In fact, Darwin himself recognises his despair and his problems, which are hardly insoluble, when he tries to determine, among a series of specimens he is describing, whether they are different species or varieties of the same species. After writing a scientific article in one of the senses, he does not see it clearly, puts it aside and writes it in the other sense, only to regret it again and return to the original approach . We can draw a very clear lesson from Darwin's perplexity: the change of species is not merely a change of morphology.
The problem of determining the species by means of exclusively scientific or biological criteria is insoluble. There is intellectual evidence for the species: it is the nature or essence of a living being. But, given the nature of the evidence provided by science, science alone can provide nothing on the subject. It must live at the expense of the ordinary evidence, and organise itself at agreement with it, making a reasoning that allows it to identify species from its scientific evidence.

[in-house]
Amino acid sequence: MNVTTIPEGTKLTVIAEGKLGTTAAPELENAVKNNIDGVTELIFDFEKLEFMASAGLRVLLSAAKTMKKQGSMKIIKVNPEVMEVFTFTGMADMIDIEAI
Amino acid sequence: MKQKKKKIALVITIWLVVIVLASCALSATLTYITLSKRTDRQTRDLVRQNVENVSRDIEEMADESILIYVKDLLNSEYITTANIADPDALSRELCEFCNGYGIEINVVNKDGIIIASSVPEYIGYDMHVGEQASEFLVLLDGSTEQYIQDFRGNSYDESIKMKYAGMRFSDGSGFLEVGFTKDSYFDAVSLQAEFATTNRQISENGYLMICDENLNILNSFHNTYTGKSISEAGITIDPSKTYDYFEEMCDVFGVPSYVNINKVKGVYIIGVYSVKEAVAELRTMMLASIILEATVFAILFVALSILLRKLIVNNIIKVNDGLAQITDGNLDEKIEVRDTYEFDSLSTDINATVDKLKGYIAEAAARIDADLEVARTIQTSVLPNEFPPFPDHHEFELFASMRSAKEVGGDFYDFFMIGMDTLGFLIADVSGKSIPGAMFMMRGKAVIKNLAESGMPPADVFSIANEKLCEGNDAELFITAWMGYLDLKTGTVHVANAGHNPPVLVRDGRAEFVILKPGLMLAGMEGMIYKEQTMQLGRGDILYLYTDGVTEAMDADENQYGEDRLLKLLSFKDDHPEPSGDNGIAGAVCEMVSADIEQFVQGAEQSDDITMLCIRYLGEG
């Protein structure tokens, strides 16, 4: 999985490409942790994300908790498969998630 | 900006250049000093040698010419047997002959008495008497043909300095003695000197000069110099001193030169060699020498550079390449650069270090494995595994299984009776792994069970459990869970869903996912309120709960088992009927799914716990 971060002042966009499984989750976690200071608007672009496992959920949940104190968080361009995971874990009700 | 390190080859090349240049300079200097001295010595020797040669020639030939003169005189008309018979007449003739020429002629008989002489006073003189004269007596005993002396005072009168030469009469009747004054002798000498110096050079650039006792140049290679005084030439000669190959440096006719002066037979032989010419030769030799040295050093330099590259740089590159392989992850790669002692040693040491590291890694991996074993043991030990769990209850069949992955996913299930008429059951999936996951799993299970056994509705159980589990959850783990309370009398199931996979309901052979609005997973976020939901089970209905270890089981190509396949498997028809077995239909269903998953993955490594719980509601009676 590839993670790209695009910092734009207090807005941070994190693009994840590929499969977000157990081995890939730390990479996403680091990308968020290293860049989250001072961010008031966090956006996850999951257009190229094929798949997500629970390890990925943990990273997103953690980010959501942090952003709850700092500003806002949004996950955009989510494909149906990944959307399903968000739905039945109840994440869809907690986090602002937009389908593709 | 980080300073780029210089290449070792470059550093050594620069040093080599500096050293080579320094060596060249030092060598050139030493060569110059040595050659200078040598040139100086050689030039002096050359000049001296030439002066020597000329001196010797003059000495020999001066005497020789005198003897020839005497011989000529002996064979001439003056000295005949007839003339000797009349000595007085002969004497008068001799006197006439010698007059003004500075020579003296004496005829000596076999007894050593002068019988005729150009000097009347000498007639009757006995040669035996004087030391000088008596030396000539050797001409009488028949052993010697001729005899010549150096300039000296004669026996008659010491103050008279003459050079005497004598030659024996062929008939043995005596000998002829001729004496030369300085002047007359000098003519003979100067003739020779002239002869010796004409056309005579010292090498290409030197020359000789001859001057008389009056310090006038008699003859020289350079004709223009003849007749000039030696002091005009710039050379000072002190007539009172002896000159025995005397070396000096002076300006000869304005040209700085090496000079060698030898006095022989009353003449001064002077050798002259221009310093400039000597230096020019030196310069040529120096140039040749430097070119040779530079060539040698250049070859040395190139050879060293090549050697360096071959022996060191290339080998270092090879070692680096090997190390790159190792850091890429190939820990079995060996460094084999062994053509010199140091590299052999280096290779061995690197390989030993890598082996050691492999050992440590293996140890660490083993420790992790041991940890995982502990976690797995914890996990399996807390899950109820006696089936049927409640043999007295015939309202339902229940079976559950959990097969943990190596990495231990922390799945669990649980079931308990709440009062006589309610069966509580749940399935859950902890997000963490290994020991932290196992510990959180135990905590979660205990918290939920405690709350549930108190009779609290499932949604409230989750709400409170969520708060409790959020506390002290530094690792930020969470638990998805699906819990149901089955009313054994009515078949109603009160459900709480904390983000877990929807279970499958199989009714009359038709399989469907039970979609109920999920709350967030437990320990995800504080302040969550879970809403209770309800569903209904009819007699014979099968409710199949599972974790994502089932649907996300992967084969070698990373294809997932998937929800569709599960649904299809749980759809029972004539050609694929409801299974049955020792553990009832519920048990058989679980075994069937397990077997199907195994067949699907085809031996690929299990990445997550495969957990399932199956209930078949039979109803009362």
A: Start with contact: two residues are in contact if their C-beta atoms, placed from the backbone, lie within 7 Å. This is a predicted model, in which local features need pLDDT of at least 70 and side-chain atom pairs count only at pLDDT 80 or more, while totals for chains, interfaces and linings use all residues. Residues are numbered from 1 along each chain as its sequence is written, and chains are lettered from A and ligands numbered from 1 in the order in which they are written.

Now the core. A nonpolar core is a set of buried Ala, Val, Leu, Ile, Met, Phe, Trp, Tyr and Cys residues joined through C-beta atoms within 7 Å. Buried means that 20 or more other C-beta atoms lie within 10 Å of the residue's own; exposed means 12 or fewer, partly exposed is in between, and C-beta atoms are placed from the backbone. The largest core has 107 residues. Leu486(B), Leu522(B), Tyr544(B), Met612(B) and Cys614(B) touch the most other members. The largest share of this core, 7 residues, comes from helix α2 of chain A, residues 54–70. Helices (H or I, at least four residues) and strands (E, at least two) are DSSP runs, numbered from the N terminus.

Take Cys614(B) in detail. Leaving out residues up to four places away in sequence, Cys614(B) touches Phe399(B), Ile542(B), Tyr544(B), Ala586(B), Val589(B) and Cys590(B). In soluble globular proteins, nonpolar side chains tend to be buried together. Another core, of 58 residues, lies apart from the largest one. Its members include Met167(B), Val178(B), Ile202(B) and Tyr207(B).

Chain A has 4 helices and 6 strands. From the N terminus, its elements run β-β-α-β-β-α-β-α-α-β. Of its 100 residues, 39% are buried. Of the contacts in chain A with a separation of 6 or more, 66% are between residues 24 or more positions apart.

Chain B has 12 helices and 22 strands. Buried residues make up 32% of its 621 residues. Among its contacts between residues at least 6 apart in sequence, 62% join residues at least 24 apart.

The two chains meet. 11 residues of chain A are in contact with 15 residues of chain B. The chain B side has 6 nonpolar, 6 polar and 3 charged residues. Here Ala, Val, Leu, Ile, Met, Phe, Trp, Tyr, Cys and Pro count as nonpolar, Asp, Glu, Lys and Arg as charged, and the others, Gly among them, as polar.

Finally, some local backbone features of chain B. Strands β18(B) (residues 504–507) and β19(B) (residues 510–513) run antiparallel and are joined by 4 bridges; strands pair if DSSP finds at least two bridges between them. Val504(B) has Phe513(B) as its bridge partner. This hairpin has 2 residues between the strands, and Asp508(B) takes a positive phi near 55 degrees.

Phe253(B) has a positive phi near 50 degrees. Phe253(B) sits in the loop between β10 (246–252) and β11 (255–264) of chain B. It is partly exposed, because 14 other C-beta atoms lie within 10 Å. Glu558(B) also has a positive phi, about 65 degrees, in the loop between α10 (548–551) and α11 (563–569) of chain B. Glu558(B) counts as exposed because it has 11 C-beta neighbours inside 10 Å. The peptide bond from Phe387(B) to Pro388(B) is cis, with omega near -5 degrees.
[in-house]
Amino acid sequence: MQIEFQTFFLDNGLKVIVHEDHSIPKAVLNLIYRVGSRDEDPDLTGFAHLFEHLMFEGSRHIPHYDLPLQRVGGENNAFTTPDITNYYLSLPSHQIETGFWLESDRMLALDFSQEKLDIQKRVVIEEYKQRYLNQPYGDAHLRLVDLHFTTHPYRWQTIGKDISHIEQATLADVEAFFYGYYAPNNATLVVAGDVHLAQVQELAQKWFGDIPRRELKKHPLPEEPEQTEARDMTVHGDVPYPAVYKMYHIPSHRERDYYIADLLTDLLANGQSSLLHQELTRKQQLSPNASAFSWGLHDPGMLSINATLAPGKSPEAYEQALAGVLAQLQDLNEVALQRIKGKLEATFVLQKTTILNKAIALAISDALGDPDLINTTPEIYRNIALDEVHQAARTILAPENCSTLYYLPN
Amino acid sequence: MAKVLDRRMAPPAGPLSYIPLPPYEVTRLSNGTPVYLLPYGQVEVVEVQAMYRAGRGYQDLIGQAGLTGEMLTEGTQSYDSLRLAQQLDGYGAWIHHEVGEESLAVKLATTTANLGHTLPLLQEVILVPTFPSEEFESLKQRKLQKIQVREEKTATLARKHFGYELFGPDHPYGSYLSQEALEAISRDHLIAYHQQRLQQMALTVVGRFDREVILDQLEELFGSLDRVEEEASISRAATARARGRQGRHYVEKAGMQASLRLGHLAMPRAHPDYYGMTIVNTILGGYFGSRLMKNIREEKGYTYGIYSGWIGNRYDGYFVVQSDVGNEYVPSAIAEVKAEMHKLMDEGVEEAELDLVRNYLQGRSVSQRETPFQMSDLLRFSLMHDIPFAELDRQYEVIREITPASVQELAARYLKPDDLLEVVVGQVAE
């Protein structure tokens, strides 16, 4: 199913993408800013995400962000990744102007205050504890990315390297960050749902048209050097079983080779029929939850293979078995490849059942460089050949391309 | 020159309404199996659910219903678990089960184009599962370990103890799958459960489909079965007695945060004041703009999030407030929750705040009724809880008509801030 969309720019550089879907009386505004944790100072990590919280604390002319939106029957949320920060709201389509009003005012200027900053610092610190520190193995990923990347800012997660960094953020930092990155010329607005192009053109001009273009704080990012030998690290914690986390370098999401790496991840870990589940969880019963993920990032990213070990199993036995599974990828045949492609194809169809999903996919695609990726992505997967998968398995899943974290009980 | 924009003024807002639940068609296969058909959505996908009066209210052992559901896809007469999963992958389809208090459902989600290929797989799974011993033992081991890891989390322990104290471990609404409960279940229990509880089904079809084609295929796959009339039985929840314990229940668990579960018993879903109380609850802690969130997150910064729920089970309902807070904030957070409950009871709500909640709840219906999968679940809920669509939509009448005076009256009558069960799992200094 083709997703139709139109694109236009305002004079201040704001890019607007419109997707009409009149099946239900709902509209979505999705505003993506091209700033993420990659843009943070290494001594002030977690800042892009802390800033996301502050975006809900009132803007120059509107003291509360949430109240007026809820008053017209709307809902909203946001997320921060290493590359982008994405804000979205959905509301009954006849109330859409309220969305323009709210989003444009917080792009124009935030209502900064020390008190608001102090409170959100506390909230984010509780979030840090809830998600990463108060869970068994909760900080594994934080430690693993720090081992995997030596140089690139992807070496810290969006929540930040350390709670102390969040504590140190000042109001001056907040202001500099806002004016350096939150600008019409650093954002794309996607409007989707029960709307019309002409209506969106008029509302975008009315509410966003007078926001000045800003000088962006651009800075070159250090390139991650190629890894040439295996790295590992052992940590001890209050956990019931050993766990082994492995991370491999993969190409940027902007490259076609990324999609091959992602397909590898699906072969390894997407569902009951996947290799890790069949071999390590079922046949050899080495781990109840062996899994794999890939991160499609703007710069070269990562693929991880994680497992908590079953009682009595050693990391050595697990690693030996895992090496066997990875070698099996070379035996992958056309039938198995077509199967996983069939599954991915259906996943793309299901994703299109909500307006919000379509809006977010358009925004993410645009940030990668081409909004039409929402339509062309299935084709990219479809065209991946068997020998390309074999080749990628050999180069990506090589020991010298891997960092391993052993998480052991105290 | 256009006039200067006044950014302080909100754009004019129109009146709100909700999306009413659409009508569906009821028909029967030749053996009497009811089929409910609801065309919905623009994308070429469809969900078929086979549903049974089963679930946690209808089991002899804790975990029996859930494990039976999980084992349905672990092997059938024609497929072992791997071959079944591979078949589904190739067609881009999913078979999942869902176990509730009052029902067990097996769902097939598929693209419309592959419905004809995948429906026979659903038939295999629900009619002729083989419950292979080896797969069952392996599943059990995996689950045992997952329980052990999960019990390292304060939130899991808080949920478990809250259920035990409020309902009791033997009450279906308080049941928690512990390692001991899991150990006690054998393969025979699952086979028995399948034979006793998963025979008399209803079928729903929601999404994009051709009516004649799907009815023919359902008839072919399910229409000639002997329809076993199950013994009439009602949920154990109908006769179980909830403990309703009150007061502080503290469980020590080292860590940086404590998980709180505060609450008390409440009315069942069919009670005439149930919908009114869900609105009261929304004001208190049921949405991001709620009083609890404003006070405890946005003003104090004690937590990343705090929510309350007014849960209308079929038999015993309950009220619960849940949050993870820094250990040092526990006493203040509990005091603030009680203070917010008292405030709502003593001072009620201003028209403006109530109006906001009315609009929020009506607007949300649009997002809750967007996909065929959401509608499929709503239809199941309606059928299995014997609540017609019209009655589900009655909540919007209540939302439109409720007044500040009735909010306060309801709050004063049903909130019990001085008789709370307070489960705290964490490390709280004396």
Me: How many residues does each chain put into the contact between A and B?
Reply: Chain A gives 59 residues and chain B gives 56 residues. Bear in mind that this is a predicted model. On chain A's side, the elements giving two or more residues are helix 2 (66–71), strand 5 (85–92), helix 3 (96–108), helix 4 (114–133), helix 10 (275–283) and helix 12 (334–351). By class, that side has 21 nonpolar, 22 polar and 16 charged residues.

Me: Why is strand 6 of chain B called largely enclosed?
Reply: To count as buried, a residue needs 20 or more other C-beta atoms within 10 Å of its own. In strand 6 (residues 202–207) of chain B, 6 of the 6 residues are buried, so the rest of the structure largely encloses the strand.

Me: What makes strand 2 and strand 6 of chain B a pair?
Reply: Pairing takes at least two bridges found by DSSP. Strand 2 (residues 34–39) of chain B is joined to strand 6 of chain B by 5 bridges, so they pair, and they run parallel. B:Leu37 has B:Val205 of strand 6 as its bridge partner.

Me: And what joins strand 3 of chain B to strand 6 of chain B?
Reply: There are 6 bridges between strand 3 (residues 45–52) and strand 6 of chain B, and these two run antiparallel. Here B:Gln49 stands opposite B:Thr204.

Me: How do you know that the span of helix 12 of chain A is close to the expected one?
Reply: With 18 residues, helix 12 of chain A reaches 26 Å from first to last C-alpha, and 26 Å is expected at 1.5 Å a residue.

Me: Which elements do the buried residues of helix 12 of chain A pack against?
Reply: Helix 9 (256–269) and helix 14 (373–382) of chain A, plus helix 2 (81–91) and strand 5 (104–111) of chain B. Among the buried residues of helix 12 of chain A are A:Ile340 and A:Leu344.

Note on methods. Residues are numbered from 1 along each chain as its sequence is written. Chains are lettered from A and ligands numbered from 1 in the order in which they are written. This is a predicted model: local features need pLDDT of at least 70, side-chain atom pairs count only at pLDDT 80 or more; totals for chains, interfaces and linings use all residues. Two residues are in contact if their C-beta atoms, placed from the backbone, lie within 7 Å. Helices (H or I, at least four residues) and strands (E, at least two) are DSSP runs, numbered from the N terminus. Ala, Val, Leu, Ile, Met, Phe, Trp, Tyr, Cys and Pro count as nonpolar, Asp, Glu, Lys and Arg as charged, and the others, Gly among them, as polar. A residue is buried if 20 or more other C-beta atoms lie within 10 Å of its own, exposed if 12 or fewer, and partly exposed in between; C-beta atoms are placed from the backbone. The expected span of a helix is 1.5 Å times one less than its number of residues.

When this common sense criterion is applied to the question of the species, it leads to the conclusion that, from a scientific point of view, a species is characterised by having a stable morphological patron saint (within certain variations, more or less large, that do not blur it). With generation, crossbreeding, etc., variations appear between the different individuals that do not break this stable patron saint .